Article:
1) How come North Korea is frequently accused of targeting South Korea’s cybersphere? What have been some of the major online attacks
    so far and what?

     
     For North Korea, engaging in cyberattacks represents a greater strategic advantage compared to traditional military or paramilitary attacks using armed military personnel, bombs, and aircraft.
     
     Today, South Korea’s JoongAng Daily (JAD) newspaper concluded that the hacking of its servers was in fact linked to North Korea. This was the fifth time an alleged North Korean cyberattacks were detected, following distributed denial-of-service (DDoS) attacks on websites of government agencies and financial institutions in July 2009 and March 2011; the hacking of Nonghyup’s banking network in April 2011; and additional hacking of email accounts belonging to students at Korea University in November that year. There were also alleged cyberattacks from the DPRK targeting South Korea’s Incheon International Airport that could have potentially caused confusion with the airport’s heavy air traffic as well as a relatively recent cyberattack on the GPS systems many Seoulites depend upon to navigate Seoul’s busy and often complicated street ways. More concerning, cyberattacks were also aimed at the Blue House and National Assembly. One estimate by the Hyundai Research Institute puts the loss value for FY 2009 alone at $33.7-50.5 million.
     
    2) How big of a threat is it to be attacked by North Korean hackers, assuming that their internet technology is far behind that of South Korea’s? Describe North Korea’s internet culture.
     
    No one really knows for sure, but as far as we can tell, there’s not much internet technology to speak of in North Korea, apart from a couple of universities, which are most likely closely monitored by the North Korean government. North Korea, much like South Korea, actively recruits top students to become part of the governments’s military cybercommand units. So it seems, in a sense, that all those hours of video gaming could actually pay off, since some overlapping skill sets exist.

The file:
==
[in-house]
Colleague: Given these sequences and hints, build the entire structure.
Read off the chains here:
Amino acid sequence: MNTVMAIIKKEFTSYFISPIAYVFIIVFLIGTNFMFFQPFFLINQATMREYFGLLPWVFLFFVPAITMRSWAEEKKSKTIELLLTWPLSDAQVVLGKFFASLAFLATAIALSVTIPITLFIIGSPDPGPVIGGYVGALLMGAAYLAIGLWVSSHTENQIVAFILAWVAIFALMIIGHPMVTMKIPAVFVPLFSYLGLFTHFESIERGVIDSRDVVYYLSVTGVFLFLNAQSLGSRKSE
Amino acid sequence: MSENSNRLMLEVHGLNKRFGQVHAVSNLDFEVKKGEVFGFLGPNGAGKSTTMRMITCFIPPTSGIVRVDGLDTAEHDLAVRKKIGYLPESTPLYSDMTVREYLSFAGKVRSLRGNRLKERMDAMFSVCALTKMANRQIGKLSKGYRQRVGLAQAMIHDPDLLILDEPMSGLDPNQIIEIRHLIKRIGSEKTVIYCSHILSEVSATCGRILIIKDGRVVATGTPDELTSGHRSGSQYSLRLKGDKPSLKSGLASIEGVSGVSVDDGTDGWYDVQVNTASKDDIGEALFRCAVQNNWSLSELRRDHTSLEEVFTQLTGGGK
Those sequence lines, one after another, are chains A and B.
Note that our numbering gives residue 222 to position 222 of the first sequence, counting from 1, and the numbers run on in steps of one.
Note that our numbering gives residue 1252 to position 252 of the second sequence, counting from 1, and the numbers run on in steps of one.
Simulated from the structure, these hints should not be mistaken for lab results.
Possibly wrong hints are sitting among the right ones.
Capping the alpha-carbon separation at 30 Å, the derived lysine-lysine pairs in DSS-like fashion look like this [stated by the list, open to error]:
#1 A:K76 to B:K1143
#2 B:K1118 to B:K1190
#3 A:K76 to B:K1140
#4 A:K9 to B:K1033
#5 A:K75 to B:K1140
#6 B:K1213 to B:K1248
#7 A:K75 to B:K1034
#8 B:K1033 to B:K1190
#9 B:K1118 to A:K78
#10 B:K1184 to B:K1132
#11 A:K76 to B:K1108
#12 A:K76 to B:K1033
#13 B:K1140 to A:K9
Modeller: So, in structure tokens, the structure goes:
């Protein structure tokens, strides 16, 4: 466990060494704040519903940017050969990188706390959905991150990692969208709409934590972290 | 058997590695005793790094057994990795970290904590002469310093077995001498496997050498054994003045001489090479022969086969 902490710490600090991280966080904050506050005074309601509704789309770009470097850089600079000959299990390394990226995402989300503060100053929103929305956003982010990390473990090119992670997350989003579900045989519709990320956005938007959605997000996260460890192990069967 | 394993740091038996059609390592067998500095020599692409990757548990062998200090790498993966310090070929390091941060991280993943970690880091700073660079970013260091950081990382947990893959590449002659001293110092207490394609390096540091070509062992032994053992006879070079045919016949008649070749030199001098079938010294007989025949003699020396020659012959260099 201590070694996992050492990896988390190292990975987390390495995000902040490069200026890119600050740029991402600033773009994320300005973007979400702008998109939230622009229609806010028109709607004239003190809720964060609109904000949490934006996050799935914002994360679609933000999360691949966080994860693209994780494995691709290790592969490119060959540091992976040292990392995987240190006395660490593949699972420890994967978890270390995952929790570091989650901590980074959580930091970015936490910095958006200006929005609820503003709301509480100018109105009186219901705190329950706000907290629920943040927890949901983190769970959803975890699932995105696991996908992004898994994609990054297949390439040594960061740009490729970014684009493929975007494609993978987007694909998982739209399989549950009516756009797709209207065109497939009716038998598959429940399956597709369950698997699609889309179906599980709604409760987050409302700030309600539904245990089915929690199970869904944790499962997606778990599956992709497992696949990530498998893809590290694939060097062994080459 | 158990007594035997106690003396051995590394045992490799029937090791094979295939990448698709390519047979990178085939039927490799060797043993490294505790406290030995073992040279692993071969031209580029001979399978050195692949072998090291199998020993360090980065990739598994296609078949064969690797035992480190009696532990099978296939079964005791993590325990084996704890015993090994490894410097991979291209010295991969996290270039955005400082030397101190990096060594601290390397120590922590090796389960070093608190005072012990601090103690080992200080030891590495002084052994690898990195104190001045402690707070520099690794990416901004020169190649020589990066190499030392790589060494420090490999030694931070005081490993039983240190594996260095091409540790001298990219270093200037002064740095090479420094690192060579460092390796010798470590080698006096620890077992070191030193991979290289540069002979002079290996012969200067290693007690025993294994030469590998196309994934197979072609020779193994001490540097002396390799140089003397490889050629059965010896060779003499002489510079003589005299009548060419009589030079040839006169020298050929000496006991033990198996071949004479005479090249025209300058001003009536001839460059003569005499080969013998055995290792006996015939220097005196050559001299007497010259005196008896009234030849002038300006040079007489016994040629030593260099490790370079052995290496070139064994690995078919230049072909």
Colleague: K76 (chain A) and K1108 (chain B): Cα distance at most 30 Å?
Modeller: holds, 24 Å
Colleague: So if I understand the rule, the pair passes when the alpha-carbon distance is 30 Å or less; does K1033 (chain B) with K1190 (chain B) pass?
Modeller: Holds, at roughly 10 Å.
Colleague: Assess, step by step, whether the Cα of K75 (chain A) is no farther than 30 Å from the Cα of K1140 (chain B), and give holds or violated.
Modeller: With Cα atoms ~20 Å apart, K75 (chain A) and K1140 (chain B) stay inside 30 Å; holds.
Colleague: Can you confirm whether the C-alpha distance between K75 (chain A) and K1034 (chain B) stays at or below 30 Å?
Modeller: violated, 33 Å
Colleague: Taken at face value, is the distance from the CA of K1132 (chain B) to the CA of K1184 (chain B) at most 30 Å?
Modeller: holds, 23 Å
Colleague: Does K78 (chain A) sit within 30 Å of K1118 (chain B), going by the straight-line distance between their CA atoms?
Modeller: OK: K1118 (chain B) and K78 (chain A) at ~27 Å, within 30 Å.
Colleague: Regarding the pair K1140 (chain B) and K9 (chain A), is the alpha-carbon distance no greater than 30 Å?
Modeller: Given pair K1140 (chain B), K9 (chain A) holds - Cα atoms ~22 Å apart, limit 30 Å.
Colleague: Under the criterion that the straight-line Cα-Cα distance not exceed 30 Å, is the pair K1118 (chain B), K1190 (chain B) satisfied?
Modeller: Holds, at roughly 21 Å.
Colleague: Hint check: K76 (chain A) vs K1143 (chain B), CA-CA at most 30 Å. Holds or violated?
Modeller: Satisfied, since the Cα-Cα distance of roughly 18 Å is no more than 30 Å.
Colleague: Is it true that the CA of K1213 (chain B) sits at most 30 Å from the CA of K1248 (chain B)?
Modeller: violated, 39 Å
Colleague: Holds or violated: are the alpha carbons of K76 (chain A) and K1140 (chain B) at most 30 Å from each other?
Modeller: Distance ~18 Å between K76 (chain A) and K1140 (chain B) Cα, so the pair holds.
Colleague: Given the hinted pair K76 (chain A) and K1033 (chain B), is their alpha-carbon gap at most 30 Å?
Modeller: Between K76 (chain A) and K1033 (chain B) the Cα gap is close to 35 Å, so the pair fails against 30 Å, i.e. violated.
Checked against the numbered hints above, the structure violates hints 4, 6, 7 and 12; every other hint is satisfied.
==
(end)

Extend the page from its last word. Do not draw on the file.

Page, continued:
3) Cyberattacks are perceived by some to be less harmful than conventional military attacks. So should the public be fearful?
     
    Yes, since cyberattacks can often inflict just as much damage as attacks using “kinetic” weapons such as missiles, bombs, and bullets. For instance, a cyberattack could be aimed at an electric grid, which could then cut off the power source for hospitals in a city or country, wreaking havoc on the system.
     
    4) How does the global community or the international law under the UN Charter, specifically, properly address such cases of cyberattacks and cyberwar?
     
    As of now, little legal infrastructure exists to reflect the burgeoning capabilities of cyberattacks and cyberwar.
     
    Article 51 of the UN Charter, originally drafted right around the end of WWII, states that a state has the right to collective self-defense if “an armed attack occurs.” But this language was written when PCs and the internet did not exist. So the question becomes: Does a cyberattack inflicting military and/or non-military personnel constitute an “armed attack” under Article 51 of the UN Charter? If yes, then a state can in theory preemptively attack another state for purposes of collective self-defense, as was the case in the Middle East in the past when one state pre-emptively attacked another state
    s nuclear weapons production facilities, claiming self-defense.
     
    Expect more cyberattacks in the Korean peninsula for 2013–leading to greater potential economic and non-economic losses – it is the future of warfare in the 21st century, for better or worse.